Acclaimed entertainer Hans Schneir collapses when his beloved Marie leaves him because he won’t marry her within the Catholic Church. The desertion triggers a searing re-examination of his life—the loss of his sister during the war, the demands of his millionaire father and the hypocrisies of his mother, who first fought to “save” Germany from the Jews, then worked for “reconciliation”
Heinrich Böll’s gripping consideration of how to overcome guilt and live up to idealism—how to find something to believe in—gives stirring evidence of why he was such an unwelcome presence in post-War German consciousness . . . and why he was such a necessary one.
THE ESSENTIAL HEINRICH BÖLL
"Melville House has now reissued handsome paperbacks of three of Böll's most important novels, and in each we find the 1972 Nobel Prize winner, with a humanist's skepticism and tenderness, refusing to allow his fellow Germans to forgive themselves and move on.... [In The Clown] the abstractions of existentialism are manifested in vivid flesh-and-blood characters."
—Sam Sacks, The Wall Street Journal
“Böll is an expert marksman: the arrows are sharp, the feathers smooth, the targets numerous.”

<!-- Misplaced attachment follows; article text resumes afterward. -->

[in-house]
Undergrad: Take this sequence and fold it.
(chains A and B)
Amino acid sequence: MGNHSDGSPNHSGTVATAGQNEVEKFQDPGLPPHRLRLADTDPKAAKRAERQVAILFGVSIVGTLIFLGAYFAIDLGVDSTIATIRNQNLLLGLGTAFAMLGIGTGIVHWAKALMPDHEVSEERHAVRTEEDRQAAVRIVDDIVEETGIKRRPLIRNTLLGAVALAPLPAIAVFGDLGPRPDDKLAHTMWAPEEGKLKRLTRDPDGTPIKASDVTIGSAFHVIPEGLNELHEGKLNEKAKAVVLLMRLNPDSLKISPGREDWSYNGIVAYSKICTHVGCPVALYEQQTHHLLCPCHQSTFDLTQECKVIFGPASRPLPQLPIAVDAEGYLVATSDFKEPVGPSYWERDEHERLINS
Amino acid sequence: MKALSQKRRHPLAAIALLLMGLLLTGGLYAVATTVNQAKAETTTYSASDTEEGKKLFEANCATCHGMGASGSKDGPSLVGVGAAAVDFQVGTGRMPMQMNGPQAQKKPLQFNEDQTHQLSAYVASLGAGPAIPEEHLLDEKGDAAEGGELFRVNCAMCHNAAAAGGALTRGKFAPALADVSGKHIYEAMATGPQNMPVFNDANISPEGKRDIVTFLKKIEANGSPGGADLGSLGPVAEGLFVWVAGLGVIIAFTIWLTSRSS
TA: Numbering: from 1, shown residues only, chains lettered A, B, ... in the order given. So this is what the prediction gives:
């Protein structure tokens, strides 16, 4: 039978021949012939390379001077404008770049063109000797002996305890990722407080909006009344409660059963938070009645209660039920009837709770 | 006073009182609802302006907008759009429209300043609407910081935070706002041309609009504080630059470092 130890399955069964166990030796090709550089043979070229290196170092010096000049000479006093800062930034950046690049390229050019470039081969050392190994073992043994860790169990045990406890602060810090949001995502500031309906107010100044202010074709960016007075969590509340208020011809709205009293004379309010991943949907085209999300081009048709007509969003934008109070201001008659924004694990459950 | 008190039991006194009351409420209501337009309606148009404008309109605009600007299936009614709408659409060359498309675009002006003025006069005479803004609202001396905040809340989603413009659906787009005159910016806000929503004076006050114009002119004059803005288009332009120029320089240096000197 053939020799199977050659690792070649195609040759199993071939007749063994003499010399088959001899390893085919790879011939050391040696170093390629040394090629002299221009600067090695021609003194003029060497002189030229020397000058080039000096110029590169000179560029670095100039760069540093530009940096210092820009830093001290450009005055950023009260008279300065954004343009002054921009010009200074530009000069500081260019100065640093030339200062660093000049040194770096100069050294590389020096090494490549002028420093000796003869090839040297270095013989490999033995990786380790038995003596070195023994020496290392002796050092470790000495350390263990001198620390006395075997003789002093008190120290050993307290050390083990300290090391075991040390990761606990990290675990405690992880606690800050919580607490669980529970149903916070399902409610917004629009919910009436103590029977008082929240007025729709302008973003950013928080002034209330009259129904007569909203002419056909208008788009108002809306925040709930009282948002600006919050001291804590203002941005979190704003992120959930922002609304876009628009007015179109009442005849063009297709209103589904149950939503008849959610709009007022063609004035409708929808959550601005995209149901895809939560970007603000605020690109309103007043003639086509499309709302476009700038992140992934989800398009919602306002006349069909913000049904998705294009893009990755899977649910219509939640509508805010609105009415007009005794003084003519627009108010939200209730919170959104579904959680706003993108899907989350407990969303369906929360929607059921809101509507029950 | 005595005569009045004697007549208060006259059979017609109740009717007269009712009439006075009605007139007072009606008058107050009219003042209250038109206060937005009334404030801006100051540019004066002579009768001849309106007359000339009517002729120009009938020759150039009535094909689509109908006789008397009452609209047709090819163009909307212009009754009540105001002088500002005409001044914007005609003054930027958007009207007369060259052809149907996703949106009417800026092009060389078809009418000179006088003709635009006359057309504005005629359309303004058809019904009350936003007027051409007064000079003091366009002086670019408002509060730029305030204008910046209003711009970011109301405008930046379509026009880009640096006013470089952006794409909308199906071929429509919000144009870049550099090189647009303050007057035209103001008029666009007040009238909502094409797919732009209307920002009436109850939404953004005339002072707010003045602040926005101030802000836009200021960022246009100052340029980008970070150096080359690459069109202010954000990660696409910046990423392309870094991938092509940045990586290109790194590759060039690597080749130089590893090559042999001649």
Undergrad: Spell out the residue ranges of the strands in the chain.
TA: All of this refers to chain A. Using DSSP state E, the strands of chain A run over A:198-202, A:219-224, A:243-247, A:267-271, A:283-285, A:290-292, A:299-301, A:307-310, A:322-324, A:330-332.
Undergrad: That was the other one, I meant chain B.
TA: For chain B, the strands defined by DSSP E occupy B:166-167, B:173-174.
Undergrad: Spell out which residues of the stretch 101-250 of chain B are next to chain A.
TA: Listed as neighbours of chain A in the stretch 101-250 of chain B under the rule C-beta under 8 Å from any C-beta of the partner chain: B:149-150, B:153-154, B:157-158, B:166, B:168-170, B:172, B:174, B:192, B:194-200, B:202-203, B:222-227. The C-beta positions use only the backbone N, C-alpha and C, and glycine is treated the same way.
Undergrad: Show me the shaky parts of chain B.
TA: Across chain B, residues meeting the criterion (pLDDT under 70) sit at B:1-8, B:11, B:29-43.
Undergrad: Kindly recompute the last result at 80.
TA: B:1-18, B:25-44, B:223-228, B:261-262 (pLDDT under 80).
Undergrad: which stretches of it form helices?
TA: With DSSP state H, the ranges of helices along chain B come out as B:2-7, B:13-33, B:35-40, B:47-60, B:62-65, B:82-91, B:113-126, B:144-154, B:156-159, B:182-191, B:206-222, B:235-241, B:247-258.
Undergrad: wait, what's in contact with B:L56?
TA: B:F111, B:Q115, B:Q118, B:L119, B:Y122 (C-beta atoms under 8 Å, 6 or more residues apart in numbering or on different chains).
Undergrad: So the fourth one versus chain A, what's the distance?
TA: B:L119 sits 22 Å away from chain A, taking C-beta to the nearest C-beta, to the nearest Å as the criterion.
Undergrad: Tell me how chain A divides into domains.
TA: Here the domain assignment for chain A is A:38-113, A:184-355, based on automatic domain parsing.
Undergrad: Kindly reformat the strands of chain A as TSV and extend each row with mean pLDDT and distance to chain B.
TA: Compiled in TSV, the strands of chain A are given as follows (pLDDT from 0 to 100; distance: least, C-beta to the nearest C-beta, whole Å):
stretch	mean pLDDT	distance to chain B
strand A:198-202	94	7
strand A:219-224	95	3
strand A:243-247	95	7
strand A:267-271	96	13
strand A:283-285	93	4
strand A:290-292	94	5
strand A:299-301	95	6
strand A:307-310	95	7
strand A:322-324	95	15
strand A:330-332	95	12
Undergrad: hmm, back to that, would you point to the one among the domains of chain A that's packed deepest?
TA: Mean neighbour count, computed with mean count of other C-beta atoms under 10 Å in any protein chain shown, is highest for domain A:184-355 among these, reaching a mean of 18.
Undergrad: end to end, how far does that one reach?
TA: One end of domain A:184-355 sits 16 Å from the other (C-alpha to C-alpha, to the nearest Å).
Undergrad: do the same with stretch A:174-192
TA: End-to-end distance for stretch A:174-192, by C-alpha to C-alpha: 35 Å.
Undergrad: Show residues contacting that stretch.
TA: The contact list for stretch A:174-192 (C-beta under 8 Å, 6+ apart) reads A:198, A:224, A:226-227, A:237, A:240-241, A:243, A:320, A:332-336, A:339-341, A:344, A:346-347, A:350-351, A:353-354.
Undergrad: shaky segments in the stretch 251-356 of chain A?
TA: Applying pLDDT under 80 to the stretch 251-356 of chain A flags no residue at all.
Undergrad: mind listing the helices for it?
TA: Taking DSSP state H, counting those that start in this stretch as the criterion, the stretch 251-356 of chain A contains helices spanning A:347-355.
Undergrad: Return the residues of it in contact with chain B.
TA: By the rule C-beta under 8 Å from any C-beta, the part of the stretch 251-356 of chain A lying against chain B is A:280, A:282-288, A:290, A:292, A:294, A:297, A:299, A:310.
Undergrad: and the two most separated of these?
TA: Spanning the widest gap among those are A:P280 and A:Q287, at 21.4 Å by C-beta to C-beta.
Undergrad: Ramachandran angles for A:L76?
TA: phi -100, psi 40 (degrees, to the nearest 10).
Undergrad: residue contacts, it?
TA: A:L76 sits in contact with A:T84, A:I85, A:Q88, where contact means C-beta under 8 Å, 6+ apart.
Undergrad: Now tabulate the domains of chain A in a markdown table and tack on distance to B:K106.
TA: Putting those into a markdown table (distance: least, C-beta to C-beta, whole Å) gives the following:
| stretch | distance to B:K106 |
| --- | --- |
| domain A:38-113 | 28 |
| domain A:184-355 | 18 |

—The New York Times
“Moving . . . highly charged . . . filled with gentleness, high comic spirits, and human sympathy.”
—Christian Science Monitor
"His work reaches the highest level of creative originality and stylistic perfection."
—The Daily Telegraph
"The renewal of German literature, to which Heinrich Böll's achievements witness, and of which they are a significant part, is not an experiment with form. Instead it is a rebirth out of annihilation, a resurrection, a culture which, ravaged by icy nights and condemned to extinction, sends up new shoots, blossoms, and matures to the joy and benefit of us all."
—The Nobel Prize Committee
“A man of deep feeling and intelligence, speaking in a strongly contemporary voice, [Böll] recorded in his early stories the way it felt to come home to a destroyed country. The tone was neither angry, ironic nor surreal. On the contrary, these stories gave us the slow-moving thoughtfulness of a narrator in pain, walking about on a lunar landscape, knowing he must make sense of things more quickly than he is able to do.”
—Vivian Gornick, The New York Times